Bees enter one of the hives at Pleasant Ridge Apiary, owned by Brent Hamrick. The hive is one of nine that Hamrick maintains. (DHI Media/Erin Cox)
Bees enter one of the hives at Pleasant Ridge Apiary, owned by Brent Hamrick. The hive is one of nine that Hamrick maintains. (DHI Media/Erin Cox)


DHI Media Staff Writer

VAN WERT — As a beekeeper, Brent Hamrick works hard to keep his honeybees healthy and productive, so when he notices a drop in the number of his bees, he wants to know the cause.

Hamrick, owner of Pleasant Ridge Apiary in Van Wert, is like all other beekeepers across the country trying to figure out if the change in numbers of bees is a result of a bad winter or what is known as colony collapse disorder.

Colony collapse disorder, which was coined in 2006 after beekeepers reported 30 to 90 percent losses of their hives, is a mysterious syndrome where adult honeybees are not present in the hive, but the queen bee can still be alive and immature bees can also still be present. It is mysterious because no one knows the cause of the loss of the adult bees.

“What we have is an unknown death of bees and we’re not sure what’s causing it,” Kevin Browning, the Van Wert County apiary inspector, said. “There’s a lot of science being used to determine what’s going on with the bees, a lot of theories, but no answers.”

The United States Department of Agriculture released a study it did along with the National Agricultural Statistics Service, and the Agricultural Statistics Board on March 20 this year that reported 2.74 million bee colonies produced honey in 2014, up four percent from 2013. However, Browning assures the bee colony collapse disorder is an issue in the area.

“The numbers are kind of all over the board right now,” Browning said. “We’re not sure how to attribute some of this to colony collapse, some of it is just the harsh winters we’ve had the last two winters. We’ve seen a harder winter the last two winters in Ohio than we’ve seen prior to this for the last few years. That’s kind of where things are at where science is beginning to step in and decide what’s the prime cause for all of the death. Is it winter, is it colony collapse disorder, is it that we just have fewer and fewer beekeepers all the time causing there to be fewer and fewer bee populations being cared for?”

For Hamrick, who started beekeeping six years ago, losing bees is a common occurrence. Typically some bees do die in the winter, but this spring he started out with 10 hives and is now down to nine after one colony just disappeared. Losing one hive, however, is not the worst he has experienced.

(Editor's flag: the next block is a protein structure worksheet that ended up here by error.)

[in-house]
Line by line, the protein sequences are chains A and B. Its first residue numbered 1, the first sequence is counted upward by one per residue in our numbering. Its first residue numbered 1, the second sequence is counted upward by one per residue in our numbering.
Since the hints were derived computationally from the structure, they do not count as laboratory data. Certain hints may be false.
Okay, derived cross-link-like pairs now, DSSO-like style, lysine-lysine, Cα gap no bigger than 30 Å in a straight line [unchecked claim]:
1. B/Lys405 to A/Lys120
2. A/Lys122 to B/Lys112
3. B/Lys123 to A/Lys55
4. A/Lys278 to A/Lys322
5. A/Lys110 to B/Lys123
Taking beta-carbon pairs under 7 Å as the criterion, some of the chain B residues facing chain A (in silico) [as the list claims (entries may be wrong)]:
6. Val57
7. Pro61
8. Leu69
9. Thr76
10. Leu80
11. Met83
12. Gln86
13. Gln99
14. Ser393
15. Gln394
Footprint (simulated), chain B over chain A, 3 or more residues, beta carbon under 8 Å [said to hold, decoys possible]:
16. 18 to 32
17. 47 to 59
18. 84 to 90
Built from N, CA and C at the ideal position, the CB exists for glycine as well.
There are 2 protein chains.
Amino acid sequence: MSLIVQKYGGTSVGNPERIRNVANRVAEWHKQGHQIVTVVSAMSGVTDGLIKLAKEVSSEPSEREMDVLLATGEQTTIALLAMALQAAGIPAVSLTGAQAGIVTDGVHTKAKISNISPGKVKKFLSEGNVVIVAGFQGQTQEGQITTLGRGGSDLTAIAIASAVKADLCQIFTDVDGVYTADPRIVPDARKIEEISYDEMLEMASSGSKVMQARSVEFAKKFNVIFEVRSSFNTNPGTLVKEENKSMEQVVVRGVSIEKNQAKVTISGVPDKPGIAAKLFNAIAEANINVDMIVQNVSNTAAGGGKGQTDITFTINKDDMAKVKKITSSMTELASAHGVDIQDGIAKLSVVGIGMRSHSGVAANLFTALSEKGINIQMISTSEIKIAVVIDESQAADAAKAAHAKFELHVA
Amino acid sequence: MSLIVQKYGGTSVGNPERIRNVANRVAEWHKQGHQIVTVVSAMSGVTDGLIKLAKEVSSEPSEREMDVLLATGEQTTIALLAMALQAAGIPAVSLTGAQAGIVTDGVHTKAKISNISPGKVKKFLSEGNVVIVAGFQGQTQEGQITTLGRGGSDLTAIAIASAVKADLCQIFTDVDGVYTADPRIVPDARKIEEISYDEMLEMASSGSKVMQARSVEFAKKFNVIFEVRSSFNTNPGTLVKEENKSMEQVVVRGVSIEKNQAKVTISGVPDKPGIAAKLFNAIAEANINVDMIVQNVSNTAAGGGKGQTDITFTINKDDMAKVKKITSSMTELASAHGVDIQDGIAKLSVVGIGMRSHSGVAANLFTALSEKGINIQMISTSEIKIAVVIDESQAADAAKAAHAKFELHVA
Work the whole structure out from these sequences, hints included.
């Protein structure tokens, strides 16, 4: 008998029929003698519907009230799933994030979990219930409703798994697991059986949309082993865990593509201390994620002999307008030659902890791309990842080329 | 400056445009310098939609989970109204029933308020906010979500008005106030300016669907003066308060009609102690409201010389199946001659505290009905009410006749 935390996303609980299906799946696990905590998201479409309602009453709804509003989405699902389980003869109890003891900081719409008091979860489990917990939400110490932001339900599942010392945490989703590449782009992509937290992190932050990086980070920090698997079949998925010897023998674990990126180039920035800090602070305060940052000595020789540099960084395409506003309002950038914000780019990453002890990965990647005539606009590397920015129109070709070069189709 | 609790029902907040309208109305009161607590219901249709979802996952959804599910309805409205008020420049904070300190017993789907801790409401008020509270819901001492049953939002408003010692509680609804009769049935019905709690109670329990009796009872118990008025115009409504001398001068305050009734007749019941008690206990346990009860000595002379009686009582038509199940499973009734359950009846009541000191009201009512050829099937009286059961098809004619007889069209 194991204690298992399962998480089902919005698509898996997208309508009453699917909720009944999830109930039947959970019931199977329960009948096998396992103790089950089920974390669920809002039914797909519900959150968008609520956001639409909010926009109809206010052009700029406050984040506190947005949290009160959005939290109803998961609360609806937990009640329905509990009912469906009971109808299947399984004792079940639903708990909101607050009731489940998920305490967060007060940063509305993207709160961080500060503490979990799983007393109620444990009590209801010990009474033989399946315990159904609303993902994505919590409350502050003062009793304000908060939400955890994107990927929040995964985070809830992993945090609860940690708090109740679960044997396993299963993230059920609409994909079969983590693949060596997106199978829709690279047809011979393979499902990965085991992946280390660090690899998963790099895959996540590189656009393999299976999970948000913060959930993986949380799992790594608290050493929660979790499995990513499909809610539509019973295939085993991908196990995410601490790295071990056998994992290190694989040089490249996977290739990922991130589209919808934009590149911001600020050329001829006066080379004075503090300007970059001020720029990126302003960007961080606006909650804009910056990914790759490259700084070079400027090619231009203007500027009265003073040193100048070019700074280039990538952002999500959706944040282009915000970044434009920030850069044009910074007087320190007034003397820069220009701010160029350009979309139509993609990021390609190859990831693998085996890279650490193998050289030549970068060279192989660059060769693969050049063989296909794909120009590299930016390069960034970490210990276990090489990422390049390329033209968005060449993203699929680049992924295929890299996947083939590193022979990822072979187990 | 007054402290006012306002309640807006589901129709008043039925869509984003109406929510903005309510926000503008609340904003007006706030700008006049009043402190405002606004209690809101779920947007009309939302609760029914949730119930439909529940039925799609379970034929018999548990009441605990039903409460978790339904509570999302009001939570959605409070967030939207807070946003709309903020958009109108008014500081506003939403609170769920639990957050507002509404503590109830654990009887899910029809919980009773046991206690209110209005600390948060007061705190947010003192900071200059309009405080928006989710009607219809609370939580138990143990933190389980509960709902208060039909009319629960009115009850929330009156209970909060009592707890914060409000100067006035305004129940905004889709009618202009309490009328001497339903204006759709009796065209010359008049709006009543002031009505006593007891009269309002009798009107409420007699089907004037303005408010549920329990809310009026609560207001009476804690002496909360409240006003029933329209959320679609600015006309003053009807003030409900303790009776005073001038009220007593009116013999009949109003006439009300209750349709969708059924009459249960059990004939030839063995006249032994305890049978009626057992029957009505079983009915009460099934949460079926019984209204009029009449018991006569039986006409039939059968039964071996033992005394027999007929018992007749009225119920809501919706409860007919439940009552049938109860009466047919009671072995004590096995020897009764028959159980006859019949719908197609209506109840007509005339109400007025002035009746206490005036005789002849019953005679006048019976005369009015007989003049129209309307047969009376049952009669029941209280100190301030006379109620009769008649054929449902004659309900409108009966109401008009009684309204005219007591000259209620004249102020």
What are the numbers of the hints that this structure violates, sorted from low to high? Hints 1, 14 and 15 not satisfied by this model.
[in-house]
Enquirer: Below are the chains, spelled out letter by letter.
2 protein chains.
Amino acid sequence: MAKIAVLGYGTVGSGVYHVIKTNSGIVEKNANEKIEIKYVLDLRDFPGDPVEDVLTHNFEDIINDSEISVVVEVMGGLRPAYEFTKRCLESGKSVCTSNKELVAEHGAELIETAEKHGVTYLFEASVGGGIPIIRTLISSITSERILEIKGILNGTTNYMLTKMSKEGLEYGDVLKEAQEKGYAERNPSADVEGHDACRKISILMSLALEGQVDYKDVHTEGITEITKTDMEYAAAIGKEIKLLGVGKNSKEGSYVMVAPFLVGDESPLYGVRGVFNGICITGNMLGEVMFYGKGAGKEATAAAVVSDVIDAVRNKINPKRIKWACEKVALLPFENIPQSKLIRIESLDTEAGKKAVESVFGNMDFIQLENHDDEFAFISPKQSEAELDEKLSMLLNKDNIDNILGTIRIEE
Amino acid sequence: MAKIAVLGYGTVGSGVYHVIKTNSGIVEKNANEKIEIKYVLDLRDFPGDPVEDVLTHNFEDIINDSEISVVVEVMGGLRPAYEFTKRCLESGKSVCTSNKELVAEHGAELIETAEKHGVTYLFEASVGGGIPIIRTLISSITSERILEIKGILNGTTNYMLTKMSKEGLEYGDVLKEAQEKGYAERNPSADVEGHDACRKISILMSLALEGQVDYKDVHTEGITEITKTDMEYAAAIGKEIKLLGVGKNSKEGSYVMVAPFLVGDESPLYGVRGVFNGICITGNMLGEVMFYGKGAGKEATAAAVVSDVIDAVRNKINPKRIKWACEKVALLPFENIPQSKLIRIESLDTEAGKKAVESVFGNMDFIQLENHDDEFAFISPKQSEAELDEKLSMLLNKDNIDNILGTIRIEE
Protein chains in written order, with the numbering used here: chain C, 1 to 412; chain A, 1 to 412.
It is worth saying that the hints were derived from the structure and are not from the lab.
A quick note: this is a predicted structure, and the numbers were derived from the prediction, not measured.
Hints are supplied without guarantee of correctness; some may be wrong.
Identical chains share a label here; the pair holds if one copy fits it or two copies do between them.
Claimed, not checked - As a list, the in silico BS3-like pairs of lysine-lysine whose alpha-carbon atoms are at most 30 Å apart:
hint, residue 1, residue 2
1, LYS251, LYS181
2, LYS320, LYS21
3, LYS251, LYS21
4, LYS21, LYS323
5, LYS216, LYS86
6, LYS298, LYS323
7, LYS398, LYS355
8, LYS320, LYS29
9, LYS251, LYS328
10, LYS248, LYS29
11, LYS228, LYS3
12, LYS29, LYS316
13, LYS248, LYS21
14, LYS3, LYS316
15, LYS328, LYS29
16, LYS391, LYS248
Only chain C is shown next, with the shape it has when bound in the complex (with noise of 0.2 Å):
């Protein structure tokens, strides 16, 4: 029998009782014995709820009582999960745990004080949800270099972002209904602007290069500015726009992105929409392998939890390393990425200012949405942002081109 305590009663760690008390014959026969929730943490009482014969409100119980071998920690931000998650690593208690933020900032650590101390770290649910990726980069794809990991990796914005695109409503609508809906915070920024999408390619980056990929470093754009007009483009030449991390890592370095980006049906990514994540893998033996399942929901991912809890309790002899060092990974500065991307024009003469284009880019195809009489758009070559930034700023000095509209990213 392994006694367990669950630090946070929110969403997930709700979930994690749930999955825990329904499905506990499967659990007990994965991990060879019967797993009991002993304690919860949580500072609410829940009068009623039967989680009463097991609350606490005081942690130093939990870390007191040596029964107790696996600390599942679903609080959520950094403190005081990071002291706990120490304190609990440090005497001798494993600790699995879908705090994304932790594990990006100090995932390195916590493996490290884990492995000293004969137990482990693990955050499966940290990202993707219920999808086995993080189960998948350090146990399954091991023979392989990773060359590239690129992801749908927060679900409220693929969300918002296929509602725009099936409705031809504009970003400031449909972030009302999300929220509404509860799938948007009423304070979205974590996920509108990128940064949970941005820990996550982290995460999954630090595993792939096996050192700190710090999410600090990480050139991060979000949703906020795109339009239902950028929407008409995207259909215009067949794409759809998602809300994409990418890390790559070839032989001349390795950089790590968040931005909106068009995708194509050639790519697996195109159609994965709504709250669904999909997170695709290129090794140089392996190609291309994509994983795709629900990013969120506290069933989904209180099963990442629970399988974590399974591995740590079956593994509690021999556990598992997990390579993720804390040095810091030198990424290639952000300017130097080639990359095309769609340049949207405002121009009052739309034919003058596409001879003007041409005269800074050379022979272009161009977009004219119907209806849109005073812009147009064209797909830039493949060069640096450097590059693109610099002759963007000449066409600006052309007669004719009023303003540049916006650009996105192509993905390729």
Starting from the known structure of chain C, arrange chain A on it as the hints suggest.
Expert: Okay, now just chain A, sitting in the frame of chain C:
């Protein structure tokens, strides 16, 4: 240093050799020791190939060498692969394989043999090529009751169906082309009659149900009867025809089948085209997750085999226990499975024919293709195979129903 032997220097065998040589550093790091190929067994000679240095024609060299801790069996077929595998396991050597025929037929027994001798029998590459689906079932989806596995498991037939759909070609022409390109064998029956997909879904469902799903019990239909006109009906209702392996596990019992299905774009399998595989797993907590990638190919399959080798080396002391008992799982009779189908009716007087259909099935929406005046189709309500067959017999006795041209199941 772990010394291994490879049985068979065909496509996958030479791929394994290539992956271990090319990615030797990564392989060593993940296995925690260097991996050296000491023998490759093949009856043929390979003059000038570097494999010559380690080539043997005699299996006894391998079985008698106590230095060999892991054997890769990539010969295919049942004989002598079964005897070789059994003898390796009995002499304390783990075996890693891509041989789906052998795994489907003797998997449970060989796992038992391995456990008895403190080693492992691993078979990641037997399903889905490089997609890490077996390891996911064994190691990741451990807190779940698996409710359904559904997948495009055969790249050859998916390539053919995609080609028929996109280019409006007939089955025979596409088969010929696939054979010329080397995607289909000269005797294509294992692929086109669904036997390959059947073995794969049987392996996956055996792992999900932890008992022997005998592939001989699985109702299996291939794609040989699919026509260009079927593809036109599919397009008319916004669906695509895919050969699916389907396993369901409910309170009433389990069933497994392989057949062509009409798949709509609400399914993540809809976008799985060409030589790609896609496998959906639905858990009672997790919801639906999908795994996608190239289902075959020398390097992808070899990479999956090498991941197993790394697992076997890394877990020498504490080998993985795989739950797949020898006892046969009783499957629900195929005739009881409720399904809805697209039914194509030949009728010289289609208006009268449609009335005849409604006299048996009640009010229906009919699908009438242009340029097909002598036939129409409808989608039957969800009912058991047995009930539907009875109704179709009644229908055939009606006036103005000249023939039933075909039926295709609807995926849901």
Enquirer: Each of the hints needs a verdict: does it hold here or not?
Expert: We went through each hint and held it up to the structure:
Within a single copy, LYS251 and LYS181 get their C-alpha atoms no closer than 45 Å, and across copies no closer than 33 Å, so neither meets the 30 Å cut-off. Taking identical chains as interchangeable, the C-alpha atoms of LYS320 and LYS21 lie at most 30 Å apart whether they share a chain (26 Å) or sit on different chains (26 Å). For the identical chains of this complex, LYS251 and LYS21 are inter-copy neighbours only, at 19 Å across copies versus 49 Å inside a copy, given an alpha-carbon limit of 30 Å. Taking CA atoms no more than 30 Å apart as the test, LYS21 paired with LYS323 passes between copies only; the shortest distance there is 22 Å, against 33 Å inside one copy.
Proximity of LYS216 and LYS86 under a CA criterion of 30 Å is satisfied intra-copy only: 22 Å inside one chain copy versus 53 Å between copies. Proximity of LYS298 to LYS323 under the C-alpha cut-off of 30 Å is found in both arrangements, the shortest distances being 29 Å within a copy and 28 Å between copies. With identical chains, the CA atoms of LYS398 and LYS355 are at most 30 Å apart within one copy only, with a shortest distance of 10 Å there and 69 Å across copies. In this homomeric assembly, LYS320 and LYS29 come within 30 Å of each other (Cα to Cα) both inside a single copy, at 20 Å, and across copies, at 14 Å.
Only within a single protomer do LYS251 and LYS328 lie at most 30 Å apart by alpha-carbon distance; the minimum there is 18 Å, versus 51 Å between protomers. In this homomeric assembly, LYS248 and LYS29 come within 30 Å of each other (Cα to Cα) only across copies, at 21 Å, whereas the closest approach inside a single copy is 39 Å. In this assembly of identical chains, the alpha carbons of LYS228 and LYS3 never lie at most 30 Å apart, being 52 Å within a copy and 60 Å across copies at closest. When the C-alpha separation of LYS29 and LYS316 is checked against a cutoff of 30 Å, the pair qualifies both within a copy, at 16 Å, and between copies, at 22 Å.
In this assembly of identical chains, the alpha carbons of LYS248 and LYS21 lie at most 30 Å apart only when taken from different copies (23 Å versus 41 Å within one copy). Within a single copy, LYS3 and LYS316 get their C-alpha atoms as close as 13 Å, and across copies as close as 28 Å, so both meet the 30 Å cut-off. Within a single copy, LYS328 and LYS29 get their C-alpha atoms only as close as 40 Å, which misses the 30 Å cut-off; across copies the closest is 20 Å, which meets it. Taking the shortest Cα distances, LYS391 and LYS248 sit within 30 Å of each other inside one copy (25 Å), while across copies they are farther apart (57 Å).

“Two years ago I suffered huge losses,” Hamrick said. “Two years ago when we had that really bad winter, I went into the winter with nine hives and came out with one. Now, can I write that up as colony collapse disorder or do I write that up as severity of the winter? I’m not real sure.”

The U.S. Department of Agriculture’s Agricultural Research Service has four general categories it is looking at as possible causes of the colony collapse disorder: pathogens, parasites, management stressors, and environmental stressors. Management stressors include apiary overcrowding and increased migratory stress from being transported all across the country. Environmental stressors are pollen and nectar quality, limited access to water, or, one of the most discussed causes, exposure to pesticides.

While less bees might seem good for individuals who do not like the chance of being stung, a world without honeybees would be less tasty, and that means more than just less honey.

“Ninety percent of the food that we consume is either directly or indirectly related to bee pollination,” Browning said. “The almond crops in California are 100 percent dependent upon bees to pollinate. There are other pollinators out there that are getting the job done, but they’re not as efficient as the honeybee and they’re not as well maintained as what the honeybees are, but we face a grave danger if we lose the honeybee population.”

The concern for the honeybee population is so great that the White House formed a Pollinator Health Task Force which developed the “National Strategy to Promote the Health of Honey Bees and Other Pollinators” to try to rebuild and maintain the population of honeybees, bats, butterflies, and other pollinators.

“The feral bee population has almost completely been collapsed,” Browning said. “We’ve seen very few feral bee colonies out there. Most of the bees today are being managed, at least in our area of Ohio, the bees are being managed by beekeepers, both in a corporate setting and in a hobby-type setting.”

As the colony collapse disorder continues being researched, beekeepers are just having to wait out the mystery until it is solved.

“Beekeeping can be a fun hobby or it can be a business, but when you do all the right things and you still lose a hive, it’s a little frustrating,” Hamrick said.